I would be lying if there weren’t a day when I walked out of my school and thought to myself “why did I decide to do this?” This job is one of the most challenging ones I have ever had, both mentally and physically. From 6:45 when we arrive at school to greet the first student who walks in the building to 4:30 when the last students leave, I am in constant contact with students. Of course, the little we get paid doesn’t help either. But days like today helped me recall the initial passion and desire to apply for this program.
Before school even started, I was told that I would have two substitutes. In my school, substitutes equal overwhelming chaos. The day progressed and I simply pulled groups of focus list students out of class to do work and escape the madness. But by the last class, my patience was running out, my exhaustion was prominent, and my brain was wearied. The substitute walked into the room and was instantaneously afraid of all my students. Clearly she was in the wrong environment. As crazy as they as they may seem, my students are harmless. However, she begged me to stay in the class and help…although she did not contribute to the class at all. This was when my students surprised me the most this whole year. All of the hours I spend discussing behavior, discipline, and academic performance, I could finally see a difference. I barely had to ask my class to remain in their seats or sit quietly during silent reading, which was unheard of in the beginning of the year. Sure, a few got out of hand at times. But a simple “Please sit down and get back to your work” was obeyed. I was shocked. I never realized how much respect my students had for me until I was the only one in charge of all 25 of them.
Today was a day where I reconnected with my passion for education and children. Sure, some days are more difficult than others, but what is important is the long-term impact I have on 25 students. I was always told leading by example and being a positive role model is one of the most important things an adult can do. After today, I can truly believe it.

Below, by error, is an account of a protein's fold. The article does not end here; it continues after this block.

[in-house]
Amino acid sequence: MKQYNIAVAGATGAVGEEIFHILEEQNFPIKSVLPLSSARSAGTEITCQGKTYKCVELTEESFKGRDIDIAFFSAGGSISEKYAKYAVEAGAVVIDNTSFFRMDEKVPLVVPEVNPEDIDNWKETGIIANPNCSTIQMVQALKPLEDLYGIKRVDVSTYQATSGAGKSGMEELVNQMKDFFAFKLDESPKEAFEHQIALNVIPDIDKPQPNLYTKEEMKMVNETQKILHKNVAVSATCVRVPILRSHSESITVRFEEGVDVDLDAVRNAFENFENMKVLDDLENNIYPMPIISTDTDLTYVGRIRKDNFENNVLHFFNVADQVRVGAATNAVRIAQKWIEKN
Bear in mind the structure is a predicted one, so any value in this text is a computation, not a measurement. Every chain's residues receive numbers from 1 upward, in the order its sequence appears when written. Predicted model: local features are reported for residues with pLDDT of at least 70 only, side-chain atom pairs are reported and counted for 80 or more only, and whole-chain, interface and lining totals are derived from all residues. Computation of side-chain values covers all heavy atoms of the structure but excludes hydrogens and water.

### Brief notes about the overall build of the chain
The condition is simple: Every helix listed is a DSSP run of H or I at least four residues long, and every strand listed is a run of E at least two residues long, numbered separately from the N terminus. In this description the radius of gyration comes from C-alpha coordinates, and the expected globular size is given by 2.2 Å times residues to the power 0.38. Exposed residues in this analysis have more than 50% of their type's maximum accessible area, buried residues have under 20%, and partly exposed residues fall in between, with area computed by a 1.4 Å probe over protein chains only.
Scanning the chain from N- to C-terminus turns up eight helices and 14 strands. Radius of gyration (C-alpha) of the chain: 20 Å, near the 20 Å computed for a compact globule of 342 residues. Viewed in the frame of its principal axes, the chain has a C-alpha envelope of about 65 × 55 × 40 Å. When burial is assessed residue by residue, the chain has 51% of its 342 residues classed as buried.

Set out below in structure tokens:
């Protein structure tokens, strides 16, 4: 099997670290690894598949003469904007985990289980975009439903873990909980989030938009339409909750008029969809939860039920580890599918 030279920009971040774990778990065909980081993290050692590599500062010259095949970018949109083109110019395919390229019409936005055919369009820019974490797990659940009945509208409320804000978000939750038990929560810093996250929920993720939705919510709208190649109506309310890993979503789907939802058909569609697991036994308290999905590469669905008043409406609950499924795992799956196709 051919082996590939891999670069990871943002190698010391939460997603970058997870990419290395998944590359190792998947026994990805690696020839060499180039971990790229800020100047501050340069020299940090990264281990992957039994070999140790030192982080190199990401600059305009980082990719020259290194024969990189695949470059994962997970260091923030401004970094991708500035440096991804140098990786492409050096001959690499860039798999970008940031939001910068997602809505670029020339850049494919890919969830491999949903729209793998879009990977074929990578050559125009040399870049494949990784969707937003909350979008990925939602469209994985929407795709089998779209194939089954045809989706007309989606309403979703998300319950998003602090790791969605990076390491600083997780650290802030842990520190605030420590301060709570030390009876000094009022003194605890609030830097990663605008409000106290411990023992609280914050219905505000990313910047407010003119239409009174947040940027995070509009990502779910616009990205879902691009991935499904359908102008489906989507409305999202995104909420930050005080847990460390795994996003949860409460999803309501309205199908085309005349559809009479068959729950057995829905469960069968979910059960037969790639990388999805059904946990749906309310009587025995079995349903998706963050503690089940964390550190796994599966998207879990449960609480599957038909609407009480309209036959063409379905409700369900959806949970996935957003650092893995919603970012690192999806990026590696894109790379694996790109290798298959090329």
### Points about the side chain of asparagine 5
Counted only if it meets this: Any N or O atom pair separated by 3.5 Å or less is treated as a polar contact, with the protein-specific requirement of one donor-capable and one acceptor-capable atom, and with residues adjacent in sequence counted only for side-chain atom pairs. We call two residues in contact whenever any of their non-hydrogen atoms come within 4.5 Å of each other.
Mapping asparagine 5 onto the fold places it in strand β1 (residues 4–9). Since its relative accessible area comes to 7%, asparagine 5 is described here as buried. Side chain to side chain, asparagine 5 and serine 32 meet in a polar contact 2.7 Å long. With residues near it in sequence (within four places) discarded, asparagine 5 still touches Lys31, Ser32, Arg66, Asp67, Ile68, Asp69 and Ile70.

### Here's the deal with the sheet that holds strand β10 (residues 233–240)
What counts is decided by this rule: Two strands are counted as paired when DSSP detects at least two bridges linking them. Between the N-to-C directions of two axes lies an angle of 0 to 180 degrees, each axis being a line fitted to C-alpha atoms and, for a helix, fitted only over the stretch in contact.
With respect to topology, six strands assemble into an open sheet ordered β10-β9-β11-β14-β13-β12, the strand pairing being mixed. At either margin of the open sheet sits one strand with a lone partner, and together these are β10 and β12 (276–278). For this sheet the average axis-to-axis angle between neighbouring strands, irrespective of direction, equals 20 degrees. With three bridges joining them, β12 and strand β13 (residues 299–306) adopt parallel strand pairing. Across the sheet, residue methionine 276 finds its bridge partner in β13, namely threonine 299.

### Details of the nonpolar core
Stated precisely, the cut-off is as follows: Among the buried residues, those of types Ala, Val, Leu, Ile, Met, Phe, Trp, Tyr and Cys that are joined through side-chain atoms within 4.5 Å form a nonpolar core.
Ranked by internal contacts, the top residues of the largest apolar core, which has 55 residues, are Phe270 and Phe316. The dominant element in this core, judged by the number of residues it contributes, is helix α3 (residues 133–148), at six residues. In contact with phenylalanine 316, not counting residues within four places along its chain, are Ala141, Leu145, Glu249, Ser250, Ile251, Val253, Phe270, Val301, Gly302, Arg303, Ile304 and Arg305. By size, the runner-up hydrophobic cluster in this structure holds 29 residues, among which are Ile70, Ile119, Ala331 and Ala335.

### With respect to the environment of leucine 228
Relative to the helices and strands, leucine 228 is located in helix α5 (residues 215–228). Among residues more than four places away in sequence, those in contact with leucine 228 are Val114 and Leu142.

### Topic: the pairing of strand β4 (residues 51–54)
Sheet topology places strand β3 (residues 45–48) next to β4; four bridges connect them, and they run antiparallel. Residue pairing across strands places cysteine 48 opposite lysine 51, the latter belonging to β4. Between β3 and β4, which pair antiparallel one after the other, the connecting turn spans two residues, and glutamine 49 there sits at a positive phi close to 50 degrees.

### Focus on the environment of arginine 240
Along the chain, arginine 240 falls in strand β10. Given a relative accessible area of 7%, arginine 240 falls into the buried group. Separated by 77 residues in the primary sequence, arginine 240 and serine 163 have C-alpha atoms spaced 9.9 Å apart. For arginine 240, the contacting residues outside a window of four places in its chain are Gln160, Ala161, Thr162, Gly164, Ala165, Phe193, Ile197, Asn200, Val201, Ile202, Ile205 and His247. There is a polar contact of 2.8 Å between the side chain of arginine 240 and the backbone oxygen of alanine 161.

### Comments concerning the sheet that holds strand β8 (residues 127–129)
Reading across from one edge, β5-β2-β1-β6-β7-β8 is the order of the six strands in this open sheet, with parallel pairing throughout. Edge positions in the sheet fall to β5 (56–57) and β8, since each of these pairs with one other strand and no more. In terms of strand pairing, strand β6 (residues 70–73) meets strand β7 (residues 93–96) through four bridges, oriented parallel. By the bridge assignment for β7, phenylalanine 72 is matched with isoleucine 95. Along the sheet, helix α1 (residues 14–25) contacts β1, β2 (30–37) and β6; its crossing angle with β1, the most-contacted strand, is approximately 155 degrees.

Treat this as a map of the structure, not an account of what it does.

One of my favorite mottos of City Year is “seek to be as inclusive as possible”. Everyone can recall a time where they felt the complete opposite, excluded. For me, it was my four years in college. Sure, hundreds of people claim that my school is welcoming, but there is an equally large amount of people who claim the opposite. My college was unique in its history of secret societies, sororities, and other organizations. I learned a lot going through processes of all these organizations. But most importantly, I learned to be inclusive. I often found myself trying so hard to impress people who I thought were already my friends. After graduating, I can look back on it all and realize how silly it all was. Sure, it’s great to have secrets that connect you to others and to different things. But do people really step back and look at the harm it causes others? I would think that that is something that rarely occurs. It’s easy to get caught up in the elitist satisfaction of being involved in something, but not admiring who a person is a whole is disheartening. City Year allows me to feel the involvement I have been craving for years. It provides me with the opportunity to fully exert my leadership potential with an unbelievable amount of support. This support comes from my fellow Corps members and the whole City Year community and in order to build that community, inclusivity is a must. A purposeful and inclusive community is more than the sum of its parts; it’s about letting everyone in and keeping no one out. Today was a special day where I was reminded of this. Always remember the wise words of Eleanor Roosevelt, “no one can make you feel inferior without your consent”.